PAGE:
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Title: Analysis of Aeolian-Fluvial-Human Interactions in the Nile Valley (Central Egypt) by Combining Field-Based Geomorphology with Remote Sensing
Authors: Verstraeten, Gert ×
Mohamed, Ihab
Willems, Harco
De Laet, Véronique
Delgado Blasco, Jose Manuel #
Issue Date: 2014
Publisher: University of Warsaw
Host Document: 34th EARSeL Symposium. 5th European Remote Sensing – New Opportunities for Science and Practice. Abstract and Programme Book. Warsaw, 16-20 June 2014 vol:34th EARSeL Symposium pages:55
Conference: EARSeL Symposium edition:34 location:Warsaw date:16-20 June 2014
Abstract: Documenting and mapping cultural heritage is an important aspect nowadays in geo-archaeological
research. The rapidly changing surroundings of Dayr al-Barshã where not only physical but also
anthropogenic dynamics strongly influence the environment aren’t an exception. Although archaeologist
and geomorphologist work nowadays with remote sensing data, it is mainly done in two dimensions.
The third dimension can complement this data because it introduces the height component which is
quiet important in mapping and analyzing archeological and physical environments. This height
component can be introduced using photogrammetry and using its derived products like digital surface
models (DSMs) and orthoimages The elevation data is generated out of stereoscopic images from not
only satellites like Corona, Worldview and GeoEye but also terrestrial photography and ground control
points taken in the field. First of all DSMs and orthoimages have been computed using satellite images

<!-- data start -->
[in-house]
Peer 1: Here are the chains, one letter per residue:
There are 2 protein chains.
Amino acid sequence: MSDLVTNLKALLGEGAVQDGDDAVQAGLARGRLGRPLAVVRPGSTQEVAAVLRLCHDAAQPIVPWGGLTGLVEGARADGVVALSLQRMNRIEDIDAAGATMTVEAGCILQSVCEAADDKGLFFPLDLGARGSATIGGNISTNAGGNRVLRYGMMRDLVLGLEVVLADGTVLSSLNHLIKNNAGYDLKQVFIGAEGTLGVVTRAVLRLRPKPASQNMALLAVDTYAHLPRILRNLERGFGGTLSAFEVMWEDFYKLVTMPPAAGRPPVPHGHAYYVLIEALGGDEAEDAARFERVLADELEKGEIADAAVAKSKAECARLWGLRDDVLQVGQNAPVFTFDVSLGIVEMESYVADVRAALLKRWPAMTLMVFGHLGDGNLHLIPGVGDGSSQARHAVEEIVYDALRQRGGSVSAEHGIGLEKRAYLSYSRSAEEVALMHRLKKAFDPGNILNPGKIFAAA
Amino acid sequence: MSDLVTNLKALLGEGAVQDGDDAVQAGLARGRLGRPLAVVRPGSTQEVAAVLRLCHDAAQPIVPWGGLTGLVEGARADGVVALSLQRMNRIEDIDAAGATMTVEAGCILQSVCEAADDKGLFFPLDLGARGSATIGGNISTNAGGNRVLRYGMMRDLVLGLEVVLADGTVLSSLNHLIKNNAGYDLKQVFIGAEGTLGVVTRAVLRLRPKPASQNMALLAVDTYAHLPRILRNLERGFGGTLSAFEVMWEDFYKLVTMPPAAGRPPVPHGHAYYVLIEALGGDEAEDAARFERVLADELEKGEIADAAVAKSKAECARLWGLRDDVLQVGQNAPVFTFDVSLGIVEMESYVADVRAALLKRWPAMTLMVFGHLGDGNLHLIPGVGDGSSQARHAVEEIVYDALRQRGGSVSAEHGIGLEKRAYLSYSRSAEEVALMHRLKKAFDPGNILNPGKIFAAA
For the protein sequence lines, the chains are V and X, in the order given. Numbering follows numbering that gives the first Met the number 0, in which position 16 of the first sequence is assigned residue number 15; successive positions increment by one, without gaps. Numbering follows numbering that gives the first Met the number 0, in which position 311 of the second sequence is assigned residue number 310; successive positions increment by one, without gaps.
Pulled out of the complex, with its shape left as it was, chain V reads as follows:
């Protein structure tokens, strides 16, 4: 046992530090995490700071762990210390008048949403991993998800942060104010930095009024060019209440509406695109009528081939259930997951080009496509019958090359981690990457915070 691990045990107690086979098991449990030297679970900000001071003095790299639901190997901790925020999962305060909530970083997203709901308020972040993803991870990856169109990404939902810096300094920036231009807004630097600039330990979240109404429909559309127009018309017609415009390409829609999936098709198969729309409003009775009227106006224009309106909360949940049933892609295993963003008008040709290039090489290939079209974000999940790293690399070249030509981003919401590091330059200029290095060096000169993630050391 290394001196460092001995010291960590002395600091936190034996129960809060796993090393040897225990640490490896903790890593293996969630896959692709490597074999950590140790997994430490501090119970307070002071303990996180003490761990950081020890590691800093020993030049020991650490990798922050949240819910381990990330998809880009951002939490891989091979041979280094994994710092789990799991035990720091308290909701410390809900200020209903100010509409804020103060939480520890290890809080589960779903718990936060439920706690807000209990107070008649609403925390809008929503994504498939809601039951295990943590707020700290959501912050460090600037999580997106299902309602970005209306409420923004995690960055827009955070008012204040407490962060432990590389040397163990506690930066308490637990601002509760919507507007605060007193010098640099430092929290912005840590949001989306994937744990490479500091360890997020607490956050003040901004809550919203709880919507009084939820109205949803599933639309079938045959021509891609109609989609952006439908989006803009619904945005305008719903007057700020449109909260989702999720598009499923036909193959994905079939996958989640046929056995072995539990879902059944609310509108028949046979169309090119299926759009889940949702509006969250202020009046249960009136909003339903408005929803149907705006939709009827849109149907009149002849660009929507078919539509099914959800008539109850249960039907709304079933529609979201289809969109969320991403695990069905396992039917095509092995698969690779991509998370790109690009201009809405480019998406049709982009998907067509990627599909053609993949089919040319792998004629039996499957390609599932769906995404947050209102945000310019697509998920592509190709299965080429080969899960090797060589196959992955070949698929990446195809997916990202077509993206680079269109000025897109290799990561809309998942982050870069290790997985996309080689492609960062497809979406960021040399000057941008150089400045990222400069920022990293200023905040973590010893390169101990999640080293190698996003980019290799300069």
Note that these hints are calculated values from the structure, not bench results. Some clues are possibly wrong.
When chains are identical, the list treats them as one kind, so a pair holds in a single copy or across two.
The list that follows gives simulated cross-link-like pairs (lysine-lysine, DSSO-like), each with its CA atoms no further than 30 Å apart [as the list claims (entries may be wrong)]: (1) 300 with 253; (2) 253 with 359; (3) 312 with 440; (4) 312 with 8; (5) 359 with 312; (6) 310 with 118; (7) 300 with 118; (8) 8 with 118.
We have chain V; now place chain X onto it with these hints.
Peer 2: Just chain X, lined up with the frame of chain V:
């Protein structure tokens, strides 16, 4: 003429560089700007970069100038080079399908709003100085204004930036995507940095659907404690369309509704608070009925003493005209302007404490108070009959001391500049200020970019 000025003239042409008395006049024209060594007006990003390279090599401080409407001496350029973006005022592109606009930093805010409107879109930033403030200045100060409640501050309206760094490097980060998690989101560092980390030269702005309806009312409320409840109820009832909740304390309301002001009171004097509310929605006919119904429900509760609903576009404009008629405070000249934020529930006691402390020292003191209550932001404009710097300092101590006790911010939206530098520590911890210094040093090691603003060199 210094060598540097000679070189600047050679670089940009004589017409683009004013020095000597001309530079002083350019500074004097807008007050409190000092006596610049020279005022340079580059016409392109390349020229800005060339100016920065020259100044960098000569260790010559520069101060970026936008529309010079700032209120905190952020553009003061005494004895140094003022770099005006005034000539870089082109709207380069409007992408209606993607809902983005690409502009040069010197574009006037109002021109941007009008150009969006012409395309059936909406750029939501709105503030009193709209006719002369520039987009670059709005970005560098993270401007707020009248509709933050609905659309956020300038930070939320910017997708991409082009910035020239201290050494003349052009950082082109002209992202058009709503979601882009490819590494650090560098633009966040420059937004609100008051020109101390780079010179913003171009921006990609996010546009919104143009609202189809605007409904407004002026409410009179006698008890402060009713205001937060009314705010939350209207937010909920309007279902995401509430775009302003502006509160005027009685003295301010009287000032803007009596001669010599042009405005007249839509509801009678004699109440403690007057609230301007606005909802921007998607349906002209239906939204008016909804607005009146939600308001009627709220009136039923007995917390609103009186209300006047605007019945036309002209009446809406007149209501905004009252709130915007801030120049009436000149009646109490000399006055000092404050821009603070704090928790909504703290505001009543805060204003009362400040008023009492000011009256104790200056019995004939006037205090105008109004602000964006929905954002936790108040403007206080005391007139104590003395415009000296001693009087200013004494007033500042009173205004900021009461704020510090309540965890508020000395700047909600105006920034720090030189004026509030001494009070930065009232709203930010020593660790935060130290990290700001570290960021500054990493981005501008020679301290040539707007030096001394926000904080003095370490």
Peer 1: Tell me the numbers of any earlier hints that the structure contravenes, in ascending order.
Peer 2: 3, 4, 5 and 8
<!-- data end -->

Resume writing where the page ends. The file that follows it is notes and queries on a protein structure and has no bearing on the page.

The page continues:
from 1970, 2009 and 2012. The most recent ones are further used as a base map to plot archaeological
sites. Contour lines acquired from the generated DSMs are a perfect tool to better understand the
(natural) environment of these features. To analyze anthropogenic and physical landscape dynamics, a
pixel-wise subtraction is used on the DSMs from the different periods. This results in quantifying village
changes, river bed movement and estimated dune volumes. Photo modeling out of terrestrial images is
a second approach in this work. To accurately document and reconstruct different archaeological
objects, they were photographed, measured and processed, using photo modelling software. A main
example in this case was a weaver loom dug out in a quarry. Using this photo modelling approach and
literature we were able to reconstruct the loom. The elaborated work illustrates that photogrammetric
techniques hold great potential for geo-archaeological research from different image sources and at
different (time) scales. This abstract fit within the APLADYN project: a Belgian Science Policy project on
anthropogenic and landscape dynamics in large fluvial systems.
Publication status: published
KU Leuven publication type: IMa
Appears in Collections:Near Eastern Studies, Leuven
Division of Geography & Tourism
× corresponding author
# (joint) last author

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